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Grinold and Kahn's ( Active Portfolio Management: A Quantitative Approach for Providing Superior Returns and Controlling Risk, 1999) fundamental law of active portfolio management states that active managers should maximize an information ratio (IR) that incorporates an information coefficient (IC) and breadth (BR). The author explains the law's limitations, generalizes the law, and derives a semigeneralized law. The semigeneralized law applies to multiperiod portfolios and provides a measurable BR that varies with correlations in forecasts and forecast errors. The fundamental law states that IR, the ratio of active portfolio return to active portfolio risk, equals the IC times the square root of the BR. IC, the correlation between the manager's forecasted and realized excess returns, measures the active manager's skill. BR is the number of signals behind the manager's forecast, or the number of “bets” in the actively managed portfolio. The original law applies only to a single-period investment, and BR is not measurable. The author's generalized law applies the capital asset pricing model to isolate the investment manager's residual return, which equals forecast return plus forecast error. He makes four assumptions regarding residual returns, forecasts, and forecast errors: (1) There will be no long-term excess returns, (2) there will be independence between forecasts and forecast errors, (3) there will be conversion of forecasts into portfolio positions according to modern portfolio theory, and (4) there will be a normal distribution of forecasts. These assumptions are explicitly or implicitly present in the original formulation of the fundamental law. The mathematical presentation of the generalized fundamental law is complex, but adding three assumptions in the original enables the author to show a much simpler semigeneralized fundamental law.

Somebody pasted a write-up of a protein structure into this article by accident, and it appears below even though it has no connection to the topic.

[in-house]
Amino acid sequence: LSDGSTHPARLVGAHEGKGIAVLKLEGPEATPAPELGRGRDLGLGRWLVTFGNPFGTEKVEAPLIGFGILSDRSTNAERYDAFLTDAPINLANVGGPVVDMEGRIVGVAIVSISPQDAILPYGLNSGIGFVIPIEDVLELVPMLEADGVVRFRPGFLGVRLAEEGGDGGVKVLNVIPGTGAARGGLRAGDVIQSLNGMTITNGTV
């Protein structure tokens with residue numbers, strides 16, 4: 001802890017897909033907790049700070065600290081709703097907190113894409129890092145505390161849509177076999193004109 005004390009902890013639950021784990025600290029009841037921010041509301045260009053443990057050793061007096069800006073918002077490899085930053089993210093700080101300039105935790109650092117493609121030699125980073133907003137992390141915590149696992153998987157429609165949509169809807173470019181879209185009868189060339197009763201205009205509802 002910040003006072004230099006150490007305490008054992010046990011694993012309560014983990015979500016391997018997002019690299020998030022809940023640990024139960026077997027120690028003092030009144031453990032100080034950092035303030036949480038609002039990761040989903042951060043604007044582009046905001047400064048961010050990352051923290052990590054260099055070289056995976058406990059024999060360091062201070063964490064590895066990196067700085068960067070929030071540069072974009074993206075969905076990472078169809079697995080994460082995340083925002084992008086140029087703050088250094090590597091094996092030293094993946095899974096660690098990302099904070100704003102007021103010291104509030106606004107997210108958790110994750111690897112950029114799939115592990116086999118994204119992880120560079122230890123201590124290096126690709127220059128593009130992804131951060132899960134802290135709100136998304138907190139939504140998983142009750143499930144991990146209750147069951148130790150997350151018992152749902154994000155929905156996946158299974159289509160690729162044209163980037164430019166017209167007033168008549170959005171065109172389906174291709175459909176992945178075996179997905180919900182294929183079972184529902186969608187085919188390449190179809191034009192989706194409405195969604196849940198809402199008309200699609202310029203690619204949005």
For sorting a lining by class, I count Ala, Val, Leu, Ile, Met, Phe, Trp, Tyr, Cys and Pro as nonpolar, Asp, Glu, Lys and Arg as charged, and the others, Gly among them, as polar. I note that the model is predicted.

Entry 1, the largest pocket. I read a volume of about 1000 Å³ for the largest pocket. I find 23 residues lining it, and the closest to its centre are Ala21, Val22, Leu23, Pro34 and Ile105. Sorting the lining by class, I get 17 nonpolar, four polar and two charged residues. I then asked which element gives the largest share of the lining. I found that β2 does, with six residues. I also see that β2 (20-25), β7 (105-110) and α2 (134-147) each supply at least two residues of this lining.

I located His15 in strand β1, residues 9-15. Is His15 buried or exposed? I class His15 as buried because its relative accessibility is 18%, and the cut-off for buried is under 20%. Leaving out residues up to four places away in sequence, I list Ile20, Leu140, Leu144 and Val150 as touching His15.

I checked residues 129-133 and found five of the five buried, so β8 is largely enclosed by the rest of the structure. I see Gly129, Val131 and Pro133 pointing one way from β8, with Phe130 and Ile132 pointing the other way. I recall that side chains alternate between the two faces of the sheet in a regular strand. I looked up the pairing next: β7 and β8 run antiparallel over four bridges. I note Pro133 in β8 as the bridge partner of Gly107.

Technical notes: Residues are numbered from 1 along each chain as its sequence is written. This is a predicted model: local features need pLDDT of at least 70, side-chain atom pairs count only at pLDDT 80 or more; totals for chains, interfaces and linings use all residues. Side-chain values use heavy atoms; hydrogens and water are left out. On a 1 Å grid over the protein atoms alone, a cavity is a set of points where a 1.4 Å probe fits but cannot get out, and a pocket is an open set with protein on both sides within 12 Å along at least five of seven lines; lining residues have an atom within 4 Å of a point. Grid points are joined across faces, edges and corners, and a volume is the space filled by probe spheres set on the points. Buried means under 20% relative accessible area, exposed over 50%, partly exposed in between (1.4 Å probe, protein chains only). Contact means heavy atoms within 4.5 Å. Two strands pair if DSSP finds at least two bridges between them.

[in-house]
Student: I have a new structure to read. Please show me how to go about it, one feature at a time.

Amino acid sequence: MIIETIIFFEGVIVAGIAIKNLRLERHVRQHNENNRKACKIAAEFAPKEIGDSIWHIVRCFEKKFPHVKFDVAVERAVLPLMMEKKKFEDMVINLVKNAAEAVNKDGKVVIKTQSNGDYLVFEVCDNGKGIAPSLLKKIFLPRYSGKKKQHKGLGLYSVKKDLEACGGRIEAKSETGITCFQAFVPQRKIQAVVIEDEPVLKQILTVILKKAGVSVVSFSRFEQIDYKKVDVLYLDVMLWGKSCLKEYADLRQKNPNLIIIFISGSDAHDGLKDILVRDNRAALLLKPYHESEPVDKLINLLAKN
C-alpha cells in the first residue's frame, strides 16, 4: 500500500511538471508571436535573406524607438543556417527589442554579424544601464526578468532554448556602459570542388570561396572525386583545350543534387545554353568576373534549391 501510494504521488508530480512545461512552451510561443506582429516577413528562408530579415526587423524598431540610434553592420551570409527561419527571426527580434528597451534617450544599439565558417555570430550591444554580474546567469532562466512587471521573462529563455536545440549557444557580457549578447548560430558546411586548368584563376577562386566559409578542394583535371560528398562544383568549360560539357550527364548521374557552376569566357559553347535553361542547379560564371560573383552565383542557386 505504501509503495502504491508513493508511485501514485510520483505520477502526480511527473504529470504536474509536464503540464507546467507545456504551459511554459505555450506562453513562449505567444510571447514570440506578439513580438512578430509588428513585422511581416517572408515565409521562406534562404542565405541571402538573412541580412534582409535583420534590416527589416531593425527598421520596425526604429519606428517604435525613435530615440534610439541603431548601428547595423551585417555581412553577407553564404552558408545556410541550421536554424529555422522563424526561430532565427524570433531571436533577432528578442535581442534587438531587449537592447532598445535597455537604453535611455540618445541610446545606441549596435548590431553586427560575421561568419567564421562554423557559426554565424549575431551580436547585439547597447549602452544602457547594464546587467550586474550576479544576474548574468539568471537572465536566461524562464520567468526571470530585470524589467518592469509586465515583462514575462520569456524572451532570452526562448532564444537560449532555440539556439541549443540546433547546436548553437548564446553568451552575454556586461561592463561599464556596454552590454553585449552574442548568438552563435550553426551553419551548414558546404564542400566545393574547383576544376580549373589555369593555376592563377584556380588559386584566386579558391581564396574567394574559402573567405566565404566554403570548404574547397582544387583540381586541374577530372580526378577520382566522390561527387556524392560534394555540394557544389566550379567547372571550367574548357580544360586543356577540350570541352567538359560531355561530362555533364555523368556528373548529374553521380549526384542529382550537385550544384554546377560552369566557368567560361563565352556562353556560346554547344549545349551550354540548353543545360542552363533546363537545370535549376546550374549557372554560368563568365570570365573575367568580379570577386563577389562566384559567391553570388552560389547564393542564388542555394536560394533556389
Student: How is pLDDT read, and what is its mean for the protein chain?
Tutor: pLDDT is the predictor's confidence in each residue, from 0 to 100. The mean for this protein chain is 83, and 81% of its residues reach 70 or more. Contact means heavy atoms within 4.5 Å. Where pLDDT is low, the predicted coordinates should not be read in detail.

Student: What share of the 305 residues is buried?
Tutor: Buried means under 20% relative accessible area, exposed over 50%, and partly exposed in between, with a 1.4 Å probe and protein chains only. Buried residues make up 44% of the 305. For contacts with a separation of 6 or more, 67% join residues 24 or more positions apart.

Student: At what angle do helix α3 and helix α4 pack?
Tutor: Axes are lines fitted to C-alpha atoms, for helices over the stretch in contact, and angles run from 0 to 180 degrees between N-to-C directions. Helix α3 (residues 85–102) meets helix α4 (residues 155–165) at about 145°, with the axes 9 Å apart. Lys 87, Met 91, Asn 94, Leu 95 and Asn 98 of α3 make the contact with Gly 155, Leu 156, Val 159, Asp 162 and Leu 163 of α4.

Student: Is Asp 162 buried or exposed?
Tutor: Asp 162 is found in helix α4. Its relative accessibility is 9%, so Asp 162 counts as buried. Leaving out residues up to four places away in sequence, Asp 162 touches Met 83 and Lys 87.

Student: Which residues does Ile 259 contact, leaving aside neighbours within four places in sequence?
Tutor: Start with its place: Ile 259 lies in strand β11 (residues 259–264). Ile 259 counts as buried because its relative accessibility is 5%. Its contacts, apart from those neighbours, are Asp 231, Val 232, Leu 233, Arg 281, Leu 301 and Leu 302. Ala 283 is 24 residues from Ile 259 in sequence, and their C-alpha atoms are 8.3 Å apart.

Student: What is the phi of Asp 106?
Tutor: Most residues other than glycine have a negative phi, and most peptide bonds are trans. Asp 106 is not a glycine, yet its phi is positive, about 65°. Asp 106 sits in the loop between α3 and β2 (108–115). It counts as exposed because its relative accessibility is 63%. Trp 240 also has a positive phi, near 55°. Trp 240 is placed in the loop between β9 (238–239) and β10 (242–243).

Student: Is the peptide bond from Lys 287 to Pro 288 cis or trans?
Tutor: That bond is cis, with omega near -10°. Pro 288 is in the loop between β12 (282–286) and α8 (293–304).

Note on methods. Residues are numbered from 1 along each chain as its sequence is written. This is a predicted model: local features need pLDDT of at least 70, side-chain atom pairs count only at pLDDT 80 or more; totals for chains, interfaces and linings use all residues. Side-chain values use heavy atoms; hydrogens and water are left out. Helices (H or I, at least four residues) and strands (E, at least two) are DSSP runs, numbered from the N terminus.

These assumptions are: (1) The portfolio is constructed using the forecast error covariance matrix, (2) the ICs are all equal, and (3) the typical IC is small, perhaps 0.1, and seldom above 0.3. The semigeneralized law has the same form as the original, IR ≈ √BR × IC. BR depends on the correlation between forecasts of asset pairs and the corresponding elements in (the inverse of) the forecast error correlation matrix.

The semigeneralized law provides a measure for BR and allows multiperiod investing with fewer restrictive assumptions than the original law, and it does not restrict how forecasts are correlated across assets or over time. The author shows the ease of calculating BR through five examples. Anwb Klein Vaarbewijs Download. First, if the forecast errors are mutually independent, BR equals the number of assets in the investment universe ( n). Second, if a single forecast is applied over numerous assets, as in applying an industry forecast to individual company stocks, BR depends on the correlations in the forecast error matrix.

If the correlations are all equal and mutually independent, BR again equals n. If the forecast errors are perfectly correlated, BR ≈ 1, the equivalent of having a single asset. Anne Friedberg The Virtual Window Pdf. BR declines rapidly toward unity as the correlation increases, and declines relatively faster for larger asset universes. Thus, the IR of a manager who invests in a small universe of uncorrelated assets may be greater than that of one who invests in a large universe of correlated assets. Third, if forecasts are independent and errors are dependent, BR increases with correlation and approaches infinity as error correlation approaches unity.

This follows because highly correlated securities present arbitrage opportunities. This result again depends on the assumption that error correlations are used in portfolio construction.

If zero correlations are used in portfolio construction, BR = n. Fourth, if forecasts and errors both are dependent, BR = n if the forecast and error correlations are equal. If zero correlations are used in portfolio construction, BR declines with forecast correlation. And fifth, the author identifies strange results that occur if errors are negatively correlated.

For example, combining negatively correlated assets may be riskier than is generally perceived.